A few weeks after the shocking revelations of the Panama Papers, Delaware is becoming more and more talked about. Last week, the Guardian revealed that Hillary Clinton and Donald Trump, the two favorites for the presidential election, had registered several of their companies in this small state on the east coast of the United States.
They are not the only ones to have yielded to the charms of Delaware, far from it: the majority of American companies listed on the stock exchange are also registered there. If this passion is so strong, it is because the State is doing everything to please these companies as much as possible. Among the advantages regularly cited in the media: fiscal flexibility, which allows companies to optimize their taxation via more or less complex arrangements, confidentiality rules more strict than elsewhere, as well as courts deemed very pro-business.
As a sign that this situation is starting to irritate all the way to the top of the executive, the Obama administration announced at the end of March that it intended to do away with Delaware’s opaque tax system. While waiting to know if this announcement will be followed up, here are 10 figures to better understand the specifics of this American state like no other.
1st: Delaware was the first American state to ratify the Constitution of the United States on December 7, 1787. Hence its nickname “First State”.
5,133 km2: the area of Delaware, wedged between Maryland, Pennsylvania, New Jersey and the Atlantic Ocean. Of the 50 American states, it is the second smallest behind that of Rhode Island. It is the equivalent of the area of a department like Lozère.
0.4%: the weight of Delaware’s economic activity in the total gross domestic product of the United States in 2014. Or 63 billion dollars out of a total of 17.316 billion. The growth of the Delaware economy is nothing exceptional: it reached only 1.2% in 2014, almost twice less than for the whole country (+ 2.2%).
4.4%: the unemployment rate in Delaware in March 2016. A rate slightly lower than the national average (5%) but which is far from being the lowest (2.5% in South Dakota).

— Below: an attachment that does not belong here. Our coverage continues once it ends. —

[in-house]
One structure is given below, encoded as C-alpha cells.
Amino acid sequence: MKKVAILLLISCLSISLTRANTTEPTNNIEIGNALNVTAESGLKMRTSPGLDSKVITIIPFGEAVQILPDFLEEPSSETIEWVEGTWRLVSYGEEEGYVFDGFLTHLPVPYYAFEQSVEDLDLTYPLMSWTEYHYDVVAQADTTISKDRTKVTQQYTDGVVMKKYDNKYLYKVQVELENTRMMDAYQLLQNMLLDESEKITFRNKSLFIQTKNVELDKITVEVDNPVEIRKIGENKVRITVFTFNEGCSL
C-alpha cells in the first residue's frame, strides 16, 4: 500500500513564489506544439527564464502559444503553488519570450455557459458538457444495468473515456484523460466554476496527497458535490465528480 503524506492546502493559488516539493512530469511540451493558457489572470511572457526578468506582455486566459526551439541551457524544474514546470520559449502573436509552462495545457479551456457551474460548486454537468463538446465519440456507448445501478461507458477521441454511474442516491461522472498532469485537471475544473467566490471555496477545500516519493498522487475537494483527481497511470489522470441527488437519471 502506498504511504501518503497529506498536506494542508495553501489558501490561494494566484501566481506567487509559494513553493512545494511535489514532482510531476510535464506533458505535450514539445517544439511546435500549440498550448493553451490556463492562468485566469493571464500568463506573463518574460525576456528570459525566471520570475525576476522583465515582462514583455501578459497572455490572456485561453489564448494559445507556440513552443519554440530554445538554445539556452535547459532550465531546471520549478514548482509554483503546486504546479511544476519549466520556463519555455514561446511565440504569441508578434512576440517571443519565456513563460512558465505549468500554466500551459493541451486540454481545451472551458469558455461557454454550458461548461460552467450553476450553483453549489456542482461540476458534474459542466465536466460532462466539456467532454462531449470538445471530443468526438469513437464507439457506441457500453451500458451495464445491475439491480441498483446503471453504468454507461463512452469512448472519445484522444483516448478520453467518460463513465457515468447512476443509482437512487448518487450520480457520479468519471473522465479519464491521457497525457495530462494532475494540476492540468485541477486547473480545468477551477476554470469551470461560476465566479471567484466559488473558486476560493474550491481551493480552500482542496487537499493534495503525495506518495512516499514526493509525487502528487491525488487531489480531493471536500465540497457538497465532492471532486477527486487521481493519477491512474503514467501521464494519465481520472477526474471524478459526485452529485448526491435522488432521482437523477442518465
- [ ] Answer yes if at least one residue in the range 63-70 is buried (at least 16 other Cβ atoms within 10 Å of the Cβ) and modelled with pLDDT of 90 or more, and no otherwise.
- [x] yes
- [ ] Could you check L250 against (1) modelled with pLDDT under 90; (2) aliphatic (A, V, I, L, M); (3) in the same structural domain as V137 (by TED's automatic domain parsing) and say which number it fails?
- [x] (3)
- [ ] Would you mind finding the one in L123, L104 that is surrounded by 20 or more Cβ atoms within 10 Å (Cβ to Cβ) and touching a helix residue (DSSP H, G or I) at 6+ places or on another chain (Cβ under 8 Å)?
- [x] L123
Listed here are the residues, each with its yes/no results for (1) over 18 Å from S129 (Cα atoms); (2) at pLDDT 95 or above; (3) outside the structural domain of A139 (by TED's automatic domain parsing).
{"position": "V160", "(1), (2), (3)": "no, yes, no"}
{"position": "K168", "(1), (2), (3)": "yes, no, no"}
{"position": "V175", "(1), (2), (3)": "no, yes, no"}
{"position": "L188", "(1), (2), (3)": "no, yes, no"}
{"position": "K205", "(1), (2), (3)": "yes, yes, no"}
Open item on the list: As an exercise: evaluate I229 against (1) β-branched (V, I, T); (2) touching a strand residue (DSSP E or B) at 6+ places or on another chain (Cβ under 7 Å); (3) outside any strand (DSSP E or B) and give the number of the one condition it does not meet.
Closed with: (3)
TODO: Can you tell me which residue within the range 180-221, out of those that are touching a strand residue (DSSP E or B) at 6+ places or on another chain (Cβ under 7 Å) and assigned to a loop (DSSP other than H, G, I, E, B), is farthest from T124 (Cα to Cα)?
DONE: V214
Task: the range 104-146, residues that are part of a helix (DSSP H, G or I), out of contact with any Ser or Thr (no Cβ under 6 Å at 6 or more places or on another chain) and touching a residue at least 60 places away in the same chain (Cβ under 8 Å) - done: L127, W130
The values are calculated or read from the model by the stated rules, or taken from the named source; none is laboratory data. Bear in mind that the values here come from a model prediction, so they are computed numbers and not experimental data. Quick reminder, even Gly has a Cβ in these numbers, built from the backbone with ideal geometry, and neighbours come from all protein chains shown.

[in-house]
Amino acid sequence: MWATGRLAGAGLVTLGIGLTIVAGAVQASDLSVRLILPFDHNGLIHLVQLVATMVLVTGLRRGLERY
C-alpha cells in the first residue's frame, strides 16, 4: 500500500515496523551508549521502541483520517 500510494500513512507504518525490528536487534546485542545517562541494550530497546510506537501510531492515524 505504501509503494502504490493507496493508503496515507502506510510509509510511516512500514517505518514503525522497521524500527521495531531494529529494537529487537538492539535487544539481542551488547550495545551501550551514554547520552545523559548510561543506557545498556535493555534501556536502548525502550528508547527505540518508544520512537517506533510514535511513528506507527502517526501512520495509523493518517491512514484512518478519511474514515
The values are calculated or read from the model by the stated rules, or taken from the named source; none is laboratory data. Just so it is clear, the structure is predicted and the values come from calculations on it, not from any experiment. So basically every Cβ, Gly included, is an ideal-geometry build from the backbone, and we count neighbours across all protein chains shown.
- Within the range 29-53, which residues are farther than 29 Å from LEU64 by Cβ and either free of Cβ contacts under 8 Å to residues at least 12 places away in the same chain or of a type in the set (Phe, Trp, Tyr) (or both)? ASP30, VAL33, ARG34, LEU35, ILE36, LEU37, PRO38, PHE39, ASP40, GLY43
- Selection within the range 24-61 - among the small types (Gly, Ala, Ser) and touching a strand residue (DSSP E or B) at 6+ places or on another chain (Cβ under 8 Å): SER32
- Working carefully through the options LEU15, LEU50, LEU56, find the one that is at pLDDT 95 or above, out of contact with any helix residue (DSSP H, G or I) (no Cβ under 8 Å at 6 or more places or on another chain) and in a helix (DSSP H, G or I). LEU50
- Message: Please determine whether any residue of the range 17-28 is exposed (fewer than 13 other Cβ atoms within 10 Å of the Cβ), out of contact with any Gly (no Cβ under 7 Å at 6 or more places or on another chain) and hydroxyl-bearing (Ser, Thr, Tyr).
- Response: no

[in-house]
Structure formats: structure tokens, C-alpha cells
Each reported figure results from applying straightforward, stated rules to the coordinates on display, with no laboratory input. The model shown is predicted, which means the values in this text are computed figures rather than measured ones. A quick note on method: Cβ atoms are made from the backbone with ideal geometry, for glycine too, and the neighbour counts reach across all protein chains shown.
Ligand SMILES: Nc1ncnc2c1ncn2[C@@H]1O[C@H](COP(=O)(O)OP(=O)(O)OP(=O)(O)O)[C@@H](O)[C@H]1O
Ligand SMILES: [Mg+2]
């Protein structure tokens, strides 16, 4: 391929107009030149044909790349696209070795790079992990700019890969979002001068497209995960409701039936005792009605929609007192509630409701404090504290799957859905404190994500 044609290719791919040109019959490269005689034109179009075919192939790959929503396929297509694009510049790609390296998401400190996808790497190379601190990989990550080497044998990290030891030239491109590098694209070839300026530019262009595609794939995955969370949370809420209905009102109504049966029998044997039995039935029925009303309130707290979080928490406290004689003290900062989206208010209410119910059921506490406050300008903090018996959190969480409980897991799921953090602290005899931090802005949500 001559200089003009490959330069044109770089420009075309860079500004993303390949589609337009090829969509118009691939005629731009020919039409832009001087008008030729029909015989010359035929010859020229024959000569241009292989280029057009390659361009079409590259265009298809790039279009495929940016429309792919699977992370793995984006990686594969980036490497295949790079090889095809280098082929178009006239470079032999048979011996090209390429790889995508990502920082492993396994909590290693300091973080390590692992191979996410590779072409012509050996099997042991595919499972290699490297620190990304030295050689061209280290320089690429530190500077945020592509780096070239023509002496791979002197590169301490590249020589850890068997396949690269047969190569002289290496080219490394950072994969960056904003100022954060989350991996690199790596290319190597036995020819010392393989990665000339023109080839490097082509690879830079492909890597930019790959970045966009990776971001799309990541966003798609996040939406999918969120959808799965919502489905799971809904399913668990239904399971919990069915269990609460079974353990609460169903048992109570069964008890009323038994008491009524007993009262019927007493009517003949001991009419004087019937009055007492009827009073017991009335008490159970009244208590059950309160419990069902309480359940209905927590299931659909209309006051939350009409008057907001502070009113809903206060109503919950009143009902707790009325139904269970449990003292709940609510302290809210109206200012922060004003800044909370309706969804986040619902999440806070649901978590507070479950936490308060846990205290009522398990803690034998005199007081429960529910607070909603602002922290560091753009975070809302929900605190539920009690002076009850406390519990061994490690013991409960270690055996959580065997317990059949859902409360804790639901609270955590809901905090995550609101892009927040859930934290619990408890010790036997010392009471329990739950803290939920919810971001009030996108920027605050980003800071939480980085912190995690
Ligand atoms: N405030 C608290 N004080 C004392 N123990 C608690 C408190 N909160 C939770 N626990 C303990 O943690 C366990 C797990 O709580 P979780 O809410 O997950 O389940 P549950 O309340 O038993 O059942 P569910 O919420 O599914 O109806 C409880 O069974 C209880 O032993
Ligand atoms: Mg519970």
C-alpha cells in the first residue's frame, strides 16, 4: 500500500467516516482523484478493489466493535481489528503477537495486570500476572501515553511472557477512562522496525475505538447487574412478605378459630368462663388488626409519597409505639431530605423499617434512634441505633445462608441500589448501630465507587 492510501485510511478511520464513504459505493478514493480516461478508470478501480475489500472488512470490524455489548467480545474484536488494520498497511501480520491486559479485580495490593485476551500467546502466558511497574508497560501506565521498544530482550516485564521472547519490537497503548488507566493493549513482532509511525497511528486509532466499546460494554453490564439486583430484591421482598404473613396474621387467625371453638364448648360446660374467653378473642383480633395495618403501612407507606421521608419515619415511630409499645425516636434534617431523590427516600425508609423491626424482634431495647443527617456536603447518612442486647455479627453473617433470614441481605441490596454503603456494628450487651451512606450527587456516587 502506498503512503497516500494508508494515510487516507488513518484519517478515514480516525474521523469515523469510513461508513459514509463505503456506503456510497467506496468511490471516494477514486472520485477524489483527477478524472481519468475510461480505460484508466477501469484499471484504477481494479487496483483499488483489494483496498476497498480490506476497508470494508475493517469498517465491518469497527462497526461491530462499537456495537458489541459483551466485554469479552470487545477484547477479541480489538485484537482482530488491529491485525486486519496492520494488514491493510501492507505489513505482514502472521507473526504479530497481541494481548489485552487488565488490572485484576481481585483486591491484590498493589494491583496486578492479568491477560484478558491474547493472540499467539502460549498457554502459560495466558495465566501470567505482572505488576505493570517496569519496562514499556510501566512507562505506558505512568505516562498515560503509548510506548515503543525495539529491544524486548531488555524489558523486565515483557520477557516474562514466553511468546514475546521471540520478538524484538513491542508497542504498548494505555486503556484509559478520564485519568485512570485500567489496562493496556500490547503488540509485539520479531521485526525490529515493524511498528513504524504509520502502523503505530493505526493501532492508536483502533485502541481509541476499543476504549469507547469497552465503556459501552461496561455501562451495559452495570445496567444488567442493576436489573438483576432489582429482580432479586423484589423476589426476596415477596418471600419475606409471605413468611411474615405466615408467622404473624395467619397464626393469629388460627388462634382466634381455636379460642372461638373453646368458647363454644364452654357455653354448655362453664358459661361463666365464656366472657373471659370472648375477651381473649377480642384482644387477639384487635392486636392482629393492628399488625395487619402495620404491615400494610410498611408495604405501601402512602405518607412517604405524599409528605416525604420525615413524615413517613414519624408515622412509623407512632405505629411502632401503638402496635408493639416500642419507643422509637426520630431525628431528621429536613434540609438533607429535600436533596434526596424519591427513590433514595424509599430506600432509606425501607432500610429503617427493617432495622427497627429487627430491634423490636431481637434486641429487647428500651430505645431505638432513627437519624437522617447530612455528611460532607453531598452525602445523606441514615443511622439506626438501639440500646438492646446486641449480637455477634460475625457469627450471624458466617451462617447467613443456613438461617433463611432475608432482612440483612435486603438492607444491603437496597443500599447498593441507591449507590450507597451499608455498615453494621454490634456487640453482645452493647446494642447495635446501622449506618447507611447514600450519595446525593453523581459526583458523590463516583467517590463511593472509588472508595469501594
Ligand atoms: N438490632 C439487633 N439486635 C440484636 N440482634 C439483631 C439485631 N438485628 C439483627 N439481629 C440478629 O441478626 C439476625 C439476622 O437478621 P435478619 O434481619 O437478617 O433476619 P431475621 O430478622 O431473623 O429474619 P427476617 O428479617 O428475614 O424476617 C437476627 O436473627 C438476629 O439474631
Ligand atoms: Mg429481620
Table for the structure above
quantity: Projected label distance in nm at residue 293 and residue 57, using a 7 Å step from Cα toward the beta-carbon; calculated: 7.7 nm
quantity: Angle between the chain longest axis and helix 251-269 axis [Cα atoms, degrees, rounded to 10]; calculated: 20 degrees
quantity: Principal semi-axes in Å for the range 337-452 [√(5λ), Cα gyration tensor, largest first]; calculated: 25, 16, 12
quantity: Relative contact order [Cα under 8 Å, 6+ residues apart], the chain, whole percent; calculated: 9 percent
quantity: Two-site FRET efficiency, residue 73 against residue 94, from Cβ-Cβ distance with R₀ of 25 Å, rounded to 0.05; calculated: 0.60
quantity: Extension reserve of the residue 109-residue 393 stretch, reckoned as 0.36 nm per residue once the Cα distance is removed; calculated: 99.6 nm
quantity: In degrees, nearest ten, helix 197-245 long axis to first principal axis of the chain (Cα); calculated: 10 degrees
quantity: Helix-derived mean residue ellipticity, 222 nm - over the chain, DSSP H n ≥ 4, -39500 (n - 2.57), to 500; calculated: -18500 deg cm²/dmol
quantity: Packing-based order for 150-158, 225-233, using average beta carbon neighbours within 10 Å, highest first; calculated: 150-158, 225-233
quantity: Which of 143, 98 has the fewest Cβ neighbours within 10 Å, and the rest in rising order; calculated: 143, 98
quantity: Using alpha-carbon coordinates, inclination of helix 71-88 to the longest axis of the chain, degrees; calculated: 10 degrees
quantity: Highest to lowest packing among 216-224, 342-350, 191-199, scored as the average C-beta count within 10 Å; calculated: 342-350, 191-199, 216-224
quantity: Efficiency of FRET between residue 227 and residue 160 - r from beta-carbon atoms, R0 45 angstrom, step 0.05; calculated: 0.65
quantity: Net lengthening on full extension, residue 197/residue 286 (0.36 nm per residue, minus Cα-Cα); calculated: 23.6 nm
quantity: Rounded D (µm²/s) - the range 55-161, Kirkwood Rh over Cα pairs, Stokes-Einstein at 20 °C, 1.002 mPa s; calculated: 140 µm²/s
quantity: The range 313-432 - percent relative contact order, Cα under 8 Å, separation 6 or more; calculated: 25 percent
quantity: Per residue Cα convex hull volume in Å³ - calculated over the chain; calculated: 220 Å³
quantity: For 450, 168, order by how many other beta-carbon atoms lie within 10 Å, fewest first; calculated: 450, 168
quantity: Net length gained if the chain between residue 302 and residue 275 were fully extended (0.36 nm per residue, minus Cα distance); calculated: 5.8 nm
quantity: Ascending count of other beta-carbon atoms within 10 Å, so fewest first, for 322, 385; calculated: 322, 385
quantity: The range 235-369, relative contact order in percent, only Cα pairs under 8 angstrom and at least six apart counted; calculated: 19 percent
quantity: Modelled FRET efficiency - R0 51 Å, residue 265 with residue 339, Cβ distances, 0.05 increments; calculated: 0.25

2nd: Delaware would be the 2nd American state in which it is easier to create a completely anonymous front company, behind Nevada, according to a study of 3 American researchers dating from 2012, who tried to open worldwide . Overall, the United States is considered the second most flexible country for the creation of shell companies, behind Kenya.
1.1 million: the number of companies registered in Delaware at the end of 2014. A figure up 26% compared to 2008… and above all higher than the number of inhabitants of the State (945,934 on July 1, 2015).
65.6% of Fortune 500 companies, which brings together the 500 largest American companies by turnover, are registered in Delaware, although their head office is very rarely based there. This ratio was 58% in 2000.
285,000: the number of companies, including Apple, Coca-Cola, Berkshire Hathaway and others Google, that would be located in a single building, located at 1209 North Orange Street in Wilmington, Delaware. In reality, they do not really have offices there but a simple mailbox. It would also be the address chosen by Donald Trump and Hillary Clinton, the two presidential candidates, to register some of their companies.
$ 927.8 million: these are the amounts of taxes and commissions collected by Delaware in 2014 from companies registered in the state. This represented 26% of its budget.
3rd: the place of the United States in the ranking of the most financially opaque countries, produced by Tax Justice Network, an organization specializing in the denunciation of tax havens. Just behind Switzerland and Hong Kong. A position that the country owes in particular to the lack of transparency of certain states such as Delaware.
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